Near-universal failure to acknowledge the magnitude of the climate crisis risks setting the stage for an era of “climate apartheid,” in which private wealth becomes the only guarantor of (relative) well-being and positive social forces like democracy and the rule of law crumble, warns a recent United Nations report.
The release from Philip Alston, UN special rapporteur on extreme poverty and human rights, was sharply critical of all parties putatively involved in responding to the climate crisis, The Guardian reports.
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While Alston singles out denialist demagogues like Donald Trump and Brazil’s Jair Bolsonaro for special condemnation, he roundly castigates national governments en masse, observing that “states have marched past every scientific warning and threshold, and what was once considered catastrophic warming now seems like a best-case scenario.” He added that “even today, too many countries are taking shortsighted steps in the wrong direction.”
Economists urging a shift in priorities, like William Nordaus and Joseph Stiglitz, have also been given the brush-off, Alston said , even though “we know that if we wait another decade before taking really major, revolutionary measures to transform our economies, the situation is going to be absolutely dire.”
Pointing to the “unavoidable harms that climate change will bring,” Alston writes that “a robust social safety net will be the best response,” adding that the climate crisis “should be a catalyst for states to fulfill long ignored and overlooked economic and social rights, including to social security and access to food, health care, shelter, and decent work.”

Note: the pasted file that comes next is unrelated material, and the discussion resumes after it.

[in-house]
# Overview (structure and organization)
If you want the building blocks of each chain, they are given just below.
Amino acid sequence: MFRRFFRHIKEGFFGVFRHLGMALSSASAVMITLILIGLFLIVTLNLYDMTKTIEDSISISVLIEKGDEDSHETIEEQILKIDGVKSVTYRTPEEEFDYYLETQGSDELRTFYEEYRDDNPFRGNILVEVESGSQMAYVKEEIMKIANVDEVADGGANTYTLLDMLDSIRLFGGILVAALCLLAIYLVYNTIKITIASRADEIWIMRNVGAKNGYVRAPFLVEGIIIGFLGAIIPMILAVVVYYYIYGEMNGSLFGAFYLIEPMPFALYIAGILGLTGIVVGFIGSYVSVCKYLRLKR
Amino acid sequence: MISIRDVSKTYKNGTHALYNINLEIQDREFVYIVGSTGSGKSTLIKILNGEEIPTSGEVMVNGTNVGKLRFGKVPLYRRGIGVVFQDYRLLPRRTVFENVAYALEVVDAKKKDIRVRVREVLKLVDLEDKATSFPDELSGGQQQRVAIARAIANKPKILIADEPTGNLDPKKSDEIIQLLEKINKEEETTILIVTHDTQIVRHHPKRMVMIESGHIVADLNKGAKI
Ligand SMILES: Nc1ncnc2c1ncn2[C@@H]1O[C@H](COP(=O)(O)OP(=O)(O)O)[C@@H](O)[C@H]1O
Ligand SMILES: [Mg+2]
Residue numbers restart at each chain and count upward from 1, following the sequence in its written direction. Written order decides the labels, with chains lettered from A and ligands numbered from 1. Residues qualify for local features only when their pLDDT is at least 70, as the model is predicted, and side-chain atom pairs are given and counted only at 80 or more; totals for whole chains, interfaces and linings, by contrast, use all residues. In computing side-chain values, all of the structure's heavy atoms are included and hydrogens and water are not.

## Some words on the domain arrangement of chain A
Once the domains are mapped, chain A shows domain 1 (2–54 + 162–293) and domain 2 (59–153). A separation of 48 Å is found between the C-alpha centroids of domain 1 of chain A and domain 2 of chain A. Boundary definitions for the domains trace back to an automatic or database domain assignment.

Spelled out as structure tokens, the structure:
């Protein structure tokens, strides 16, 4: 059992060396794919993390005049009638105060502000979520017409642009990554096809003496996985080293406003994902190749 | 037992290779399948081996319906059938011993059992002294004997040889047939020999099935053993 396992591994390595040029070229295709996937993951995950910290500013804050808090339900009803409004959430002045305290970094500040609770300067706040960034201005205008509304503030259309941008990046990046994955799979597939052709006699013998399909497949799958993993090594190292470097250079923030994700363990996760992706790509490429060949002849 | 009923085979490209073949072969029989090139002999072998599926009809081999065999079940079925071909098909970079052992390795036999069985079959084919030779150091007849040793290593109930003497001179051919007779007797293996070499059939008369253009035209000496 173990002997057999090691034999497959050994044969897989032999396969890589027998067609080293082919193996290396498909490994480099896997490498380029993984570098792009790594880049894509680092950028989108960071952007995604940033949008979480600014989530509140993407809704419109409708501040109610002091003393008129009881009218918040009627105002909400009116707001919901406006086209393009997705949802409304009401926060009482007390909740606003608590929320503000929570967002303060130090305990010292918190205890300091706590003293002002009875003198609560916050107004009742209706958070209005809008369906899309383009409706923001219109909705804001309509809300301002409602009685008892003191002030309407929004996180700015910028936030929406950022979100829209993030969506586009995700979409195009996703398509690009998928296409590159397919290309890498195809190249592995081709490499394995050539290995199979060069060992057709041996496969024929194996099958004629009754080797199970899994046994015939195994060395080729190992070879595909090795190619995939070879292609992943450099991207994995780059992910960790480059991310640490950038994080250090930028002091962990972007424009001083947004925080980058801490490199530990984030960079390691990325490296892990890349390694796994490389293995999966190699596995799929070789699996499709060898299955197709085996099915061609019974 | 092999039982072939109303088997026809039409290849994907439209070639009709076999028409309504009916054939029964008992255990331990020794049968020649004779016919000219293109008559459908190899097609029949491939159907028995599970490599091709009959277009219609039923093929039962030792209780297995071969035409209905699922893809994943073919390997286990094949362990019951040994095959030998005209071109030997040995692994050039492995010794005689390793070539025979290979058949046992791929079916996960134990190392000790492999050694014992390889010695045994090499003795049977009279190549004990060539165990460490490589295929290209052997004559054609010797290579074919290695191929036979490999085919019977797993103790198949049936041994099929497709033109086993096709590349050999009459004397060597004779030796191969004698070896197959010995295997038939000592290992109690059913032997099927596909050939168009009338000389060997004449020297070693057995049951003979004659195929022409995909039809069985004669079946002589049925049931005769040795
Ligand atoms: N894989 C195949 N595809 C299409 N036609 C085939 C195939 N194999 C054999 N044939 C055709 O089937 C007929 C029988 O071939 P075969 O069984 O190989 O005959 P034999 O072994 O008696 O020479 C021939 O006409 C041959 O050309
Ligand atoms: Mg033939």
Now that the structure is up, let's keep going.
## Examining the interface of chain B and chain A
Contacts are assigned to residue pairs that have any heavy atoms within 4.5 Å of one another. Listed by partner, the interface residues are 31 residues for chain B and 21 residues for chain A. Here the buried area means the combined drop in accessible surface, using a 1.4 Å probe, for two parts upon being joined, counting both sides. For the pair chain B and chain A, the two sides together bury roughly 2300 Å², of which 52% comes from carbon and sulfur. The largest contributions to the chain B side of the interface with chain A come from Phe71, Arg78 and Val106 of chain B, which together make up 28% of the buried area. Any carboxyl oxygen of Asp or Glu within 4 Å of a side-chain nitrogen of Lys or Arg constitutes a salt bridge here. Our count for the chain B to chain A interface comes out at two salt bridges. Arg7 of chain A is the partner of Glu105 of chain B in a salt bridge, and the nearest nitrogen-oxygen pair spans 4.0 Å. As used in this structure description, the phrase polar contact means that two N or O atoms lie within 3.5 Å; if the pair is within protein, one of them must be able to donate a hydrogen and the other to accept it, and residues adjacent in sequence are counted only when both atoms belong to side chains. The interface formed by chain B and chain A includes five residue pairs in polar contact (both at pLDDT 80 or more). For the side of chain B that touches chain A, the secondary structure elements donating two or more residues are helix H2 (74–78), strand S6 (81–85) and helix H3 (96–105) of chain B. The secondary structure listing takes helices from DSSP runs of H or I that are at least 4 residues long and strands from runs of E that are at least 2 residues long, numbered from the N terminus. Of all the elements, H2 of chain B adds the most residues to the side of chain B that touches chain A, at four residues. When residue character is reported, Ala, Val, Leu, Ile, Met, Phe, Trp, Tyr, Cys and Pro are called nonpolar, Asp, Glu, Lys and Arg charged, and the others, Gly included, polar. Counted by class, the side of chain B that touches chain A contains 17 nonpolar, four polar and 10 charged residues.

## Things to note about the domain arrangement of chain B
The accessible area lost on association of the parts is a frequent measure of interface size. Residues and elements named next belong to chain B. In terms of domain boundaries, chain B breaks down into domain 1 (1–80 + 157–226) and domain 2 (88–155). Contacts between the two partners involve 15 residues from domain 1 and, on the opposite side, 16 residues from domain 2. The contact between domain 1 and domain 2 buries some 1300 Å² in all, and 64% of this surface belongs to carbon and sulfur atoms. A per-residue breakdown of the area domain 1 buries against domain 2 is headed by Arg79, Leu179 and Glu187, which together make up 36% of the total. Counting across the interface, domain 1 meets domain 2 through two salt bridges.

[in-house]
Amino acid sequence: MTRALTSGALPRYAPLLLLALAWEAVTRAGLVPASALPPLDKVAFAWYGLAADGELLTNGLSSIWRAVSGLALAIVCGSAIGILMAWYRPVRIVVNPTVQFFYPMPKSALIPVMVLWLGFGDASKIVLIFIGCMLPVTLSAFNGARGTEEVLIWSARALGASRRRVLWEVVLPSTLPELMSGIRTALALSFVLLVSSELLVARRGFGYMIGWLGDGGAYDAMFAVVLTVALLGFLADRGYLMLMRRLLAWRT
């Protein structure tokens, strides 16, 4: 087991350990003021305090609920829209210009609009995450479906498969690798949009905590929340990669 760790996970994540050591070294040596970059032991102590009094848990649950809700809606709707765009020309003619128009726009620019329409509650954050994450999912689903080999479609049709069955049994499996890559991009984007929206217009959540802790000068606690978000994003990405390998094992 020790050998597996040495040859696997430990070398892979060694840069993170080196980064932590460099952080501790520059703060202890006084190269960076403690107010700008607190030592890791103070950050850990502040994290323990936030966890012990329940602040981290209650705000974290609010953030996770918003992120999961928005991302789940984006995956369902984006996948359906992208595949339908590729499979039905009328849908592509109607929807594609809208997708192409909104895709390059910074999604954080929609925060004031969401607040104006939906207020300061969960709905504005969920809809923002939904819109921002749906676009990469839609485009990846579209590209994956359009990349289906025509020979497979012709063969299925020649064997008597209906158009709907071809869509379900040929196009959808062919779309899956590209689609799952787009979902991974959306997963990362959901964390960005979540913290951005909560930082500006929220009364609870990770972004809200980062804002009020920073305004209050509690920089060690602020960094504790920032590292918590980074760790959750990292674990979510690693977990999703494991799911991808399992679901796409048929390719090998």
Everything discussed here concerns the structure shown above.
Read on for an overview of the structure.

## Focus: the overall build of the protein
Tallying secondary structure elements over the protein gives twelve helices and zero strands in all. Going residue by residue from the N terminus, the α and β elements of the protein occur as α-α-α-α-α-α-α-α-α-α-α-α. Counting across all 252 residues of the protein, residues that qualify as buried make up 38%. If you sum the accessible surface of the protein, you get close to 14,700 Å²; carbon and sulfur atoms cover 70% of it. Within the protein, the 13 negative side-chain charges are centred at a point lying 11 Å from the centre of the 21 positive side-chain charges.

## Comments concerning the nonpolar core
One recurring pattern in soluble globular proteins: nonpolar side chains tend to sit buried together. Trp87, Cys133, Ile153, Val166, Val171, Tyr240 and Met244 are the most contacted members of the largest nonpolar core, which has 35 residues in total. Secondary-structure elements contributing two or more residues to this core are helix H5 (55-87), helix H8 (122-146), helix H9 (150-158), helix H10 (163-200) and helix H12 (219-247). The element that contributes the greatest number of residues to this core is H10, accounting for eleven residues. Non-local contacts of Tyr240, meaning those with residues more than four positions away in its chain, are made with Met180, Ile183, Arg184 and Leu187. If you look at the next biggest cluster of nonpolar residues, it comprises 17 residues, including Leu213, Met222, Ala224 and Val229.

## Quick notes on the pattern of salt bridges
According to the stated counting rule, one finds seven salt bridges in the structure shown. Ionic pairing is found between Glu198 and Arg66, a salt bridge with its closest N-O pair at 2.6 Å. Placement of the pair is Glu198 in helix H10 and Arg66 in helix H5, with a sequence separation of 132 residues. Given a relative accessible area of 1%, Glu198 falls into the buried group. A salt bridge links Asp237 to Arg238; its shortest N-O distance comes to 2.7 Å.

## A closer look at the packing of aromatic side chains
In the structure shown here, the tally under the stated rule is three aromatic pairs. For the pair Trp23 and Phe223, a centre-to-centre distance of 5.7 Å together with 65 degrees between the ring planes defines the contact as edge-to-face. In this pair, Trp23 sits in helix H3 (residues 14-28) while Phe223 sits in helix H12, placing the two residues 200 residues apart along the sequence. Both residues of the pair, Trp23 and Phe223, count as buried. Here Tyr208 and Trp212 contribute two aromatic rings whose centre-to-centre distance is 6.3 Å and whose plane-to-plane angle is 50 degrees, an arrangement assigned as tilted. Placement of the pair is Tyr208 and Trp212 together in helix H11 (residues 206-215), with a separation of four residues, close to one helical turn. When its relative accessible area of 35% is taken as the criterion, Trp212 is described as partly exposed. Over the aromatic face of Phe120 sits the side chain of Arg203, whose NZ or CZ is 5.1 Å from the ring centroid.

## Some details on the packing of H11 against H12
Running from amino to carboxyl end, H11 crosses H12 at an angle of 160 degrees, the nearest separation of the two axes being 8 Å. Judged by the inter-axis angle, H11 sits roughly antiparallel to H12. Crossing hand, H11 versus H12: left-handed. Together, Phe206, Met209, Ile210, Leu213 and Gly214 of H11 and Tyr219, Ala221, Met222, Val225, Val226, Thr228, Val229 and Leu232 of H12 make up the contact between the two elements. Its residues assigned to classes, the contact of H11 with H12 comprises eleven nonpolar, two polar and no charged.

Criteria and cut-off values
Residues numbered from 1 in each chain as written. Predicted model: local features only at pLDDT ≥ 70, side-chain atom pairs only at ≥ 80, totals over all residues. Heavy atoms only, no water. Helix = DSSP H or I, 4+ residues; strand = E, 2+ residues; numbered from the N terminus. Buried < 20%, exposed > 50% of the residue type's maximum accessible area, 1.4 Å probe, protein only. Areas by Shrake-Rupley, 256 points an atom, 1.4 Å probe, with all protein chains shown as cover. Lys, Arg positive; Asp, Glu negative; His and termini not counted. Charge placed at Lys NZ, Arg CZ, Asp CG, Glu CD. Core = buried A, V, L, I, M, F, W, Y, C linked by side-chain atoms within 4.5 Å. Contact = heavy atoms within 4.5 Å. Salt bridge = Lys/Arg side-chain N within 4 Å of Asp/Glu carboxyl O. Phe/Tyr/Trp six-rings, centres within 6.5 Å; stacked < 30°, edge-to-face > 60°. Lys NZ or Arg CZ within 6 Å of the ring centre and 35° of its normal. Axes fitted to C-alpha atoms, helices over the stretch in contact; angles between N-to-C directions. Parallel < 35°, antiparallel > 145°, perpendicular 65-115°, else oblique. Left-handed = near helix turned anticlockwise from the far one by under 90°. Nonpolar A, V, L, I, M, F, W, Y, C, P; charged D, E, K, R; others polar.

What must be rigorously resisted, he urges, is “an overreliance on for-profit efforts” to battle climate change. A failure to defend the social contract would “risk a ‘climate apartheid’ scenario where the wealthy pay to escape overheating, hunger, and conflict while the rest of the world is left to suffer,” he writes. In that scenario, the greatest burden will fall on the poorest, who are also the least responsible for the crisis.
Faced with the growing odds of “massive human rights violations, with the wealthy catered to and the poorest left behind,” Alton says human rights workers must change their modus operandi in the face of the climate crisis.
Declaring his own past efforts part of the problem, Alston faults the NGO community and the UN for failing to recognize that “as a full-blown crisis that threatens the human rights of vast numbers of people bears down, the usual piecemeal, issue-by-issue human rights methodology is woefully insufficient.” While climate change now “threatens to undo the last 50 years of progress in development, global health, and poverty reduction,” it is also imperiling the rule of law and democratic institutions.
“Maintaining a balanced approach to civil and political rights will be extremely complex” in a world where deepening inequality and deprivation prove fertile ground for xenophobia and racism, he says.
Elsewhere in the report, he writes that “even the unrealistic best case scenario of 1.5°C of warming by 2100 will see extreme temperatures in many regions and leave disadvantaged populations with food insecurity, lost incomes, and worse health. Many will have to choose between starvation and migration.”
Ashfaq Khalfan, director of the law and policy program at Amnesty International, responded that “a state that fails to take any feasible steps to reduce greenhouse gas emissions is violating its human rights obligations,” adding that governments and fossils would both be hearing from his organization. “We need everybody to live up to their responsibilities to act on climate change and protect human rights,” he said.